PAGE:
|Publication number||US4500212 A|
|Application number||US 06/627,128|
|Publication date||Feb 19, 1985|
|Filing date||Jul 2, 1984|
|Priority date||Jul 2, 1984|
|Also published as||CA1250875A1, DE3502677A1|
|Publication number||06627128, 627128, US 4500212 A, US 4500212A, US-A-4500212, US4500212 A, US4500212A|
|Inventors||Guy A. Wojtanek|
|Original Assignee||The Singer Company|
|Export Citation||BiBTeX, EndNote, RefMan|
|Patent Citations (5), Referenced by (7), Classifications (9), Legal Events (8)|
|External Links: USPTO, USPTO Assignment, Espacenet|
This invention relates to program timers and, more particularly, to a drive mechanism for such a timer which has the facility for providing long time intervals at selected locations in the program.
Program timers such as those utilized in clothes washing machines, dishwashers, or other appliances, generally have a sequence control cam drum or disc which is advanced in a step by step manner at timed intervals. The control cam drum, or disc, has various cams for sequencing the program function switches. Generally, the angular steps of the control cam drum range from 4° to 71/2°. Thus, only 48 to 90 steps are available in a complete revolution of the timing cam and obviously only one revolution is available since the programs then begin to repeat.
There is an increasing demand for various programs for different washing cycles. Thus, there is pressure on the timer designer to provide more programs within the 360° rotation of the timing cam. In addition, there is opposing pressure to provide for long soak or delay periods, or the like, which normally consume a considerable number of steps in the timing advance sequence.
It is therefore a primary object of this invention to provide a program timer which is capable of providing long intervals while still being able to provide a number of programs on the timing cam.
The foregoing and additional objects are attained in accordance with the principles of this invention by providing a program timer having a plurality of timing cams located on a rotating member and controlling the operation of switches in a predetermined program characterized by a ratchet ring mounted on the rotating member for movement therewith, the ratchet ring having a first group of ratchet teeth of a first major radius and a second group of ratchet teeth of a second major radius less than the first major radius. To drive the rotating member, there is provided a drive pawl, means for yieldably biasing the drive pawl against the ratchet ring and drive means for linearly reciprocating the drive pawl substantially tangential to the ratchet ring. There is provided lifting means operating against the force of the biasing means for intermittently lifting the drive pawl away from the center of the rotating member to a level between the second major radius and the first major radius so that the drive pawl cannot engage the second group of ratchet teeth but can engage the first group of ratchet teeth when so lifted.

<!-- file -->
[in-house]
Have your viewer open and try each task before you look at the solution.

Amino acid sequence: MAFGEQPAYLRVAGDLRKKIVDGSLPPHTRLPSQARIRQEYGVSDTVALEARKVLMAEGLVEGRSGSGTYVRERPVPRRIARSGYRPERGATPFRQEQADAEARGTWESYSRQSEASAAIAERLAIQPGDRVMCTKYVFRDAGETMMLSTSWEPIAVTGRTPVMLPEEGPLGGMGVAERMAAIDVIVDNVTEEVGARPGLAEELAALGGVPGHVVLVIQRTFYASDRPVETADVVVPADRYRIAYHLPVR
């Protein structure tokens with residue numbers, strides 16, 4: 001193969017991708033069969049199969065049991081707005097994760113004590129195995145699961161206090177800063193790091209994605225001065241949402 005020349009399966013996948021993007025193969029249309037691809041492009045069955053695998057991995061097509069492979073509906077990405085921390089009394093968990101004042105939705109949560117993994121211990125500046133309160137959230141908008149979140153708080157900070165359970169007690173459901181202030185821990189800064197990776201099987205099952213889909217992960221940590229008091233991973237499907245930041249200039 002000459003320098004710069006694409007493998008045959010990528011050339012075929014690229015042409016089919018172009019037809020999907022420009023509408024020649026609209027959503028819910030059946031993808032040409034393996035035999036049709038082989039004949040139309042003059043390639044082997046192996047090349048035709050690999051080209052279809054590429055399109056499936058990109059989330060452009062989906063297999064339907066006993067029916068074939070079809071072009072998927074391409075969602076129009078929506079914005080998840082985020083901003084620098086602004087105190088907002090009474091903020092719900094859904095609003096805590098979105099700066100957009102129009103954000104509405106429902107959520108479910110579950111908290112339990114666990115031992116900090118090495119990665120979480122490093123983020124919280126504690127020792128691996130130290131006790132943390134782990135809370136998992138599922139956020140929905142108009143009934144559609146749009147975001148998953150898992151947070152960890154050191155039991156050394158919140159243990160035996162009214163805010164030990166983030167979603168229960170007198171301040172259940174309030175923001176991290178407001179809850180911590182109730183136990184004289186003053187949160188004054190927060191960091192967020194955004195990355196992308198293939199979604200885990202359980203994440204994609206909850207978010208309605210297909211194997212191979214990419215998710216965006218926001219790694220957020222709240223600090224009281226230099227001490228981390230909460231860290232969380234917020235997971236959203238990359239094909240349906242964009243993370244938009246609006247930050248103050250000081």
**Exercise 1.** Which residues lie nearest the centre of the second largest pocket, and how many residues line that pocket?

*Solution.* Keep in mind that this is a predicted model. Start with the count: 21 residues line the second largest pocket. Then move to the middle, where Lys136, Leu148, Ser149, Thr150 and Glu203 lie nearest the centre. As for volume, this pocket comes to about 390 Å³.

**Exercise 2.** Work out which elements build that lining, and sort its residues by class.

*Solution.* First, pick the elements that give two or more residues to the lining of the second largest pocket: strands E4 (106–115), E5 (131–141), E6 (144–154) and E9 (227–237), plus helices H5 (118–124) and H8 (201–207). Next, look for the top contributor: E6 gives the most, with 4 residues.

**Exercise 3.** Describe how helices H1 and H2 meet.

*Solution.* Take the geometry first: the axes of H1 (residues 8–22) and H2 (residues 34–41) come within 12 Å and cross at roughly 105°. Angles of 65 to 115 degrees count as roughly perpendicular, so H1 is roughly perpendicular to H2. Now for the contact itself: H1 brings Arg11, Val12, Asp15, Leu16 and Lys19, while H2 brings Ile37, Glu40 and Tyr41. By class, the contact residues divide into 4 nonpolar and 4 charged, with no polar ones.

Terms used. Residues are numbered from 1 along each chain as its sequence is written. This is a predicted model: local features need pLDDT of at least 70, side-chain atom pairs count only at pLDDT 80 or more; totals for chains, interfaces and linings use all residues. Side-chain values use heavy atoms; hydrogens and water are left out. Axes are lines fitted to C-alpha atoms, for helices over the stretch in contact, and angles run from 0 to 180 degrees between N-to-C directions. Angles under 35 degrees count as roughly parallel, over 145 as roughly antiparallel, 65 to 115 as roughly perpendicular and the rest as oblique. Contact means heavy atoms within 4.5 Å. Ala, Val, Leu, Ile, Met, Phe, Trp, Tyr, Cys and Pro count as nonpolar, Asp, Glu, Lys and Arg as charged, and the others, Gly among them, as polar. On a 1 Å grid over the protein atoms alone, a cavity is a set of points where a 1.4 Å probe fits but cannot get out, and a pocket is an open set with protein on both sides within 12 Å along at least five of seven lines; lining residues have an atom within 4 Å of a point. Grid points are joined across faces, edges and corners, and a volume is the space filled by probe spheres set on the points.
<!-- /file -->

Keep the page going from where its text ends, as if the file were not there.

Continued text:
In accordance with an aspect of this invention, the lifting means comprises a pawl lifter arranged to engage the drive pawl in opposition to the biasing means and actuating means operating in synchronism with the drive means for intermittently actuating the pawl lifter.
FIG. 1 is a plan view through the front plate of a program timer showing the drive mechanism according to this invention wherein the lifting means is not operative;
FIG. 2 is a plan view similar to that of FIG. 1 showing the drive mechanism with the lifting means operative;
FIG. 3 is a detailed cross-sectional view taken along the line 3--3 in FIG. 1; and
FIG. 4 is a detailed cross-sectional view taken along the line 4--4 in FIG. 1.
FIG. 1 shows relevant portions of a program timer necessary for an understanding of the present invention. Thus, as is well known, the program timer includes a plurality of timing cams 10 located on a rotating member for controlling the operation of switches 12 in a predetermined program. In particular, the rotating member is a hollow cam drum, sometimes referred to as a monoblock, which is rotatably journalled between a rear plate (not shown) and a front plate 14, shown in phantom. The details of the monoblock with the respect to the timing cams 10 and the switches 12 are well known in the art and form no part of the present invention.
The present invention is concerned with the mechanism for driving the monoblock and, in particular, for expanding the drive time interval at selected angular positions of the monoblock. Accordingly, there is provided a ratchet ring 16 on the monoblock. A drive pawl 18 is operatively associated with the ratchet ring 16 to drive the monoblock in a step by step manner. The drive power source is a motor 20 mounted on a motor frame 22 secured to the front plate 14. As is conventional, the motor 20 is a reduction motor having an output shaft. The output shaft is coupled to drive a drive cam 24 which is positioned between the motor frame 22 and the front plate 14. The drive cam 24 is formed with a stub shaft 26 which is journalled for rotation in a suitable opening provided in the front plate 14. Accordingly, the motor 20 rotates the drive cam 24 in a clockwise direction, as viewed in FIG. 1.